By Greg Downey (Macquarie University)
One of the dangers of new video and audio recording technology for anthropologists is that we may assume technology will do the work for us. Recording always postpones making hard decisions: what to cut, what to pay attention to, what to choose as a key point.
For me, the co-creation workshop carries this risk, too. During the workshop, I spent a lot of time videotaping, interviewing and making sure we had an archive. This preservation was absolutely essential. There were simply too many ideas happening too fast, too many people making great suggestions, and we had to have some way (or ways) to try to capture that flow. Using video and audio recording creates a kind of memory – a very large memory.
During the workshop, we used multiple audio recorders (not all of which worked flawlessly) and multiple cameras. We also had an interview ‘nook’ set up in an adjacent room in which we were able to ask individual participants or pairs of participants direct questions.
Just because some insight or great idea was recorded, however, does not mean that it will circulate or be available after the workshop. Someone still has to review, edit and find an effective way to present what we have on video or in the audio recordings. If anything, we’re faced with more choices than we would if we did not record: we have more material, more of an overload, more decisions about what to leave out.
People who work in media typically say that ‘post-production’ is a challenge across all media: the recording stage – the first stage – is just the beginning. We’re finding that to be the case with the co-creation workshop. The metaphor that comes to my mind is one of those big boa constrictor snakes. When they swallow a huge meal, they wind up with a weird distended lump in their bodies, and they can barely move. They sort of have to sit there and try to digest what they’ve taken in: yes, a lovely image of the post-production process, but it does feel like a lot to digest.
From my initial reviewing, the interview footage is some of the most effective: the audio is really clear, the video is framed well so that you really feel like you’re getting an individual person’s point of view, and the participants were generous with their observations and insights. The workshops produced a lot of our activities, but those interviews have a lot of gems to share with students who are preparing to head overseas, many years of wisdom accumulated in preparing students and working with communities in our hosts.
One thing that I realise already, however, is that the ‘meal’ of information and advice will be easy for our students to ‘digest’ if we give them smaller ‘snack-sized’ bits, rather than large, sit-down dinners. That is, looking at the video and seeing what we have, I’m increasingly convinced that we need more, shorter segments, clearly titled, labelled and framed in the Classroom of Many Cultures materials, so that instructors and students alike can find the very short bit that they actually need. As I look at the material, I realise that it works better as dozens of short clips, not a small number of feature-length films.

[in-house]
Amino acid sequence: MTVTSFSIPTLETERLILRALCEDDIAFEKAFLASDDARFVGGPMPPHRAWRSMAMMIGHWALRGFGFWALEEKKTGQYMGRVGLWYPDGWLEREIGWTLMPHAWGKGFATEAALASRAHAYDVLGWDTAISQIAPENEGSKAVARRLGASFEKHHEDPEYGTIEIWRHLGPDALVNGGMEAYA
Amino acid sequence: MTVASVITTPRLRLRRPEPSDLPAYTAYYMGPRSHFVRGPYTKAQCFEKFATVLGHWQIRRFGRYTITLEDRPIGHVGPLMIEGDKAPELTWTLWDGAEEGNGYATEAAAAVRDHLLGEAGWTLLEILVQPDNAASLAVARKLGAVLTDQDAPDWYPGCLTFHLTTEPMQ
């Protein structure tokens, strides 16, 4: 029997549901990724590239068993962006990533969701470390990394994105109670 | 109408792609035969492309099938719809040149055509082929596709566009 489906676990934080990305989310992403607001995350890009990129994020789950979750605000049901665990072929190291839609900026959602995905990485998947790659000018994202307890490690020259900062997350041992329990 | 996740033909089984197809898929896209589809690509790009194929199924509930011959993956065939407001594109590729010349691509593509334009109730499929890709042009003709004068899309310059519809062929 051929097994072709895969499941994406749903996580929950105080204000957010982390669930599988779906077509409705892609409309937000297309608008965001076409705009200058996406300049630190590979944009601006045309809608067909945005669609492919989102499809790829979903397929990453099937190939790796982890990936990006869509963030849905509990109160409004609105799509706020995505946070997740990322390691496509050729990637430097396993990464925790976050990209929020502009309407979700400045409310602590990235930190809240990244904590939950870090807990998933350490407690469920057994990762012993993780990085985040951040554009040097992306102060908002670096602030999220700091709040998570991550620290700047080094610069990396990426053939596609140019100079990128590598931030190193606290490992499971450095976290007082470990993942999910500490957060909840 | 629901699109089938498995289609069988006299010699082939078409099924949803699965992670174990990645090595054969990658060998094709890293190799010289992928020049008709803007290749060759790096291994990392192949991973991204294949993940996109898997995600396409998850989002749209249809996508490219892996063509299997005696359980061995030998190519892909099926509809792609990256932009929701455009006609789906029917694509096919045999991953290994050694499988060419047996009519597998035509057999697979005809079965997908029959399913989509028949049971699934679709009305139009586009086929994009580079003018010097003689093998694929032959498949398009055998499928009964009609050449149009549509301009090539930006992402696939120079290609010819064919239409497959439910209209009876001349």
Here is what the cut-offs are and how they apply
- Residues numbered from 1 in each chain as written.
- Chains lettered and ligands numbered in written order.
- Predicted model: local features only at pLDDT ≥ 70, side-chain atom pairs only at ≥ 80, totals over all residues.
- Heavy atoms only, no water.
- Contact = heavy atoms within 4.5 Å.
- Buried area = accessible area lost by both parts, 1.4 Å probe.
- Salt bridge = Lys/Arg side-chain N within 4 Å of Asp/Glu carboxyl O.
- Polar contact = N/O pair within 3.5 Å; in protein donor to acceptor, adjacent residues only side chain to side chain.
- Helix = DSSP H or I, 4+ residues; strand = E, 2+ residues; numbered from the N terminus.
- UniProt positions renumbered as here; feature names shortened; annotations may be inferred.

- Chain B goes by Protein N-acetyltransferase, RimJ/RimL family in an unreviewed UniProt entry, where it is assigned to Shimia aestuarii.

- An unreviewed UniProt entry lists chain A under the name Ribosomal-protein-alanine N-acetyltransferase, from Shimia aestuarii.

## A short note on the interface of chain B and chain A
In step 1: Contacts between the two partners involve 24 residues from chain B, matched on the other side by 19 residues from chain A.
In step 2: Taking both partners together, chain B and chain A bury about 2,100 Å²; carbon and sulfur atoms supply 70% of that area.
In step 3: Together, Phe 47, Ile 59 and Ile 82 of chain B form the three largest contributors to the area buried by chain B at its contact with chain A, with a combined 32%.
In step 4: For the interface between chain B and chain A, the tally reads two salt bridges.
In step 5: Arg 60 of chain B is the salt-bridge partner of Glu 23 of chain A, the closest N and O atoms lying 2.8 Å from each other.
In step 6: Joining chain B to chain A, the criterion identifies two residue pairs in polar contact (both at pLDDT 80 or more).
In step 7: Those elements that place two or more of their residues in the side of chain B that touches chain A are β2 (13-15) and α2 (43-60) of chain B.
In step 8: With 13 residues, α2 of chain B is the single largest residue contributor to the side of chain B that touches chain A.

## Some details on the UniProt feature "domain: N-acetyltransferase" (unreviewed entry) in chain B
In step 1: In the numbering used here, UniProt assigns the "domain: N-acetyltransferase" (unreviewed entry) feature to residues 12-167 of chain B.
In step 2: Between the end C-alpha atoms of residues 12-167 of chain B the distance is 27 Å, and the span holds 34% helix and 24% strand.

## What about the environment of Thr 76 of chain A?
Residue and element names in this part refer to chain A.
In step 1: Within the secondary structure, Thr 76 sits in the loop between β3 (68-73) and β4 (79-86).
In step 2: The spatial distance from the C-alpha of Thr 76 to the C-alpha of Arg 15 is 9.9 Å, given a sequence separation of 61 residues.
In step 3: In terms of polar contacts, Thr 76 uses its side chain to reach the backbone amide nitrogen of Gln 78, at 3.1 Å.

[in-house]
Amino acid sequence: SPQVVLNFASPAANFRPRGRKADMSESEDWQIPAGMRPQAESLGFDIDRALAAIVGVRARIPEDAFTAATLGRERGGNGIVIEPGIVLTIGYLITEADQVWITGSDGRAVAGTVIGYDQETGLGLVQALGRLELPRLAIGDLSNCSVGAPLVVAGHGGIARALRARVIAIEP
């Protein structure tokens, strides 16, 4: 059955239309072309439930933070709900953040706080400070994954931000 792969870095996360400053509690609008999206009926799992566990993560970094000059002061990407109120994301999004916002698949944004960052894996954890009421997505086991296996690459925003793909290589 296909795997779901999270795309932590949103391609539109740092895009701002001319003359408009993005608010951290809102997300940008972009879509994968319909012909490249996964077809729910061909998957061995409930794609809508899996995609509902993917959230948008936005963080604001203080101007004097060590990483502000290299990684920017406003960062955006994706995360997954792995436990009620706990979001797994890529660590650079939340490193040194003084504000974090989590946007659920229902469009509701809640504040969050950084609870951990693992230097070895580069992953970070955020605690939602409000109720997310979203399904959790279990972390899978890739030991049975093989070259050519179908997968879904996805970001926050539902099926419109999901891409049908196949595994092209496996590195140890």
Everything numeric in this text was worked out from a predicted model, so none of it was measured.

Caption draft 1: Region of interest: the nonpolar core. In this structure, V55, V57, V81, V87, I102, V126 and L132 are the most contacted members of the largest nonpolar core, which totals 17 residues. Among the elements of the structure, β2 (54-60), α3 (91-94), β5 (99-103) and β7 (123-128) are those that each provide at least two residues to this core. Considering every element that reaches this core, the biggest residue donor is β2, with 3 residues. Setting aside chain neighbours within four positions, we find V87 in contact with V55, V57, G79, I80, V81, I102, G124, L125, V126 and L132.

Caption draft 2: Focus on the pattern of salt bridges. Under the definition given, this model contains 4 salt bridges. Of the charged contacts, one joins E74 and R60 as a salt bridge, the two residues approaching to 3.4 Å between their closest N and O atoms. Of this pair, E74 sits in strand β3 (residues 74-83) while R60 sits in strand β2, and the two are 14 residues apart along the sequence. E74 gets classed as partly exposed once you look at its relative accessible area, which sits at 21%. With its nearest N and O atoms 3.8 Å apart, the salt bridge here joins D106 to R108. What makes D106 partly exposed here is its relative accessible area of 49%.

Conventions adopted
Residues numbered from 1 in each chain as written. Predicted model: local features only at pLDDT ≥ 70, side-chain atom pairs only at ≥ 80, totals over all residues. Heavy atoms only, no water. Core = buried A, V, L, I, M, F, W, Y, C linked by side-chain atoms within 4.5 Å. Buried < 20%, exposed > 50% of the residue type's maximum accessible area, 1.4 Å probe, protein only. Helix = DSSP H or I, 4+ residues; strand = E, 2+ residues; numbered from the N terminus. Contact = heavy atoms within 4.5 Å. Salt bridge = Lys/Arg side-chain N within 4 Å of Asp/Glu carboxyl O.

I hope that this strategy will make the material as useful as possible, and allow us to re-package short segments in a range of ways. Maybe a clip gets used in a topical discussion of the issue it raises in a pre-departure seminar. The same clip might be used by a student going to the host country as they review all of the advice from that country. And an instructor might look at that video to think about assessment tasks or reflection questions to ask a group while they sojourn abroad.
The other thing that I’ve learned about my role as one of the leaders in video and audio editing for the project is that I missed out a bit on the face-to-face connection that partners formed during the workshop. A lot of the time while everyone was working as a group, I was off in the corner interview nook, grilling one or a pair of our participants for a half-hour or more. So I felt a bit more distant from some of the activities.
However, now, as I sit with the video and headphones on, watching the interviews and listening to them – sometimes over and over again through the sections I like – I actually feel like I know our partners better and better. They may be far away now that they’ve returned to their home country, but I’m still looking them in the eyes, listening to what they told us, and appreciating even more now how insightful they were. Now, I’m not worrying about whether the light is right or the microphone is picking up the sound, so I’m listening more deeply than I was able to.
So the strange this is that, now that they’re gone, I feel closer to our partners than ever. It can make choosing what to cut out of the interviews harder, but it also makes the task of putting them together and sharing them through out website, and eventually with the public, even more urgent for me.
Overall, doing this work through video-making twists the relationship that I have to the workshop: when it was happening, I could only look some of the time through the camera, so my view was the shrunken image on the video screen. But now, my relationship with what people said and shared is continuing, deepening, and growing, even though we’re oceans apart. It’s a strange experience on some level, but I think it’s proving really good for the purposes of making the curriculum.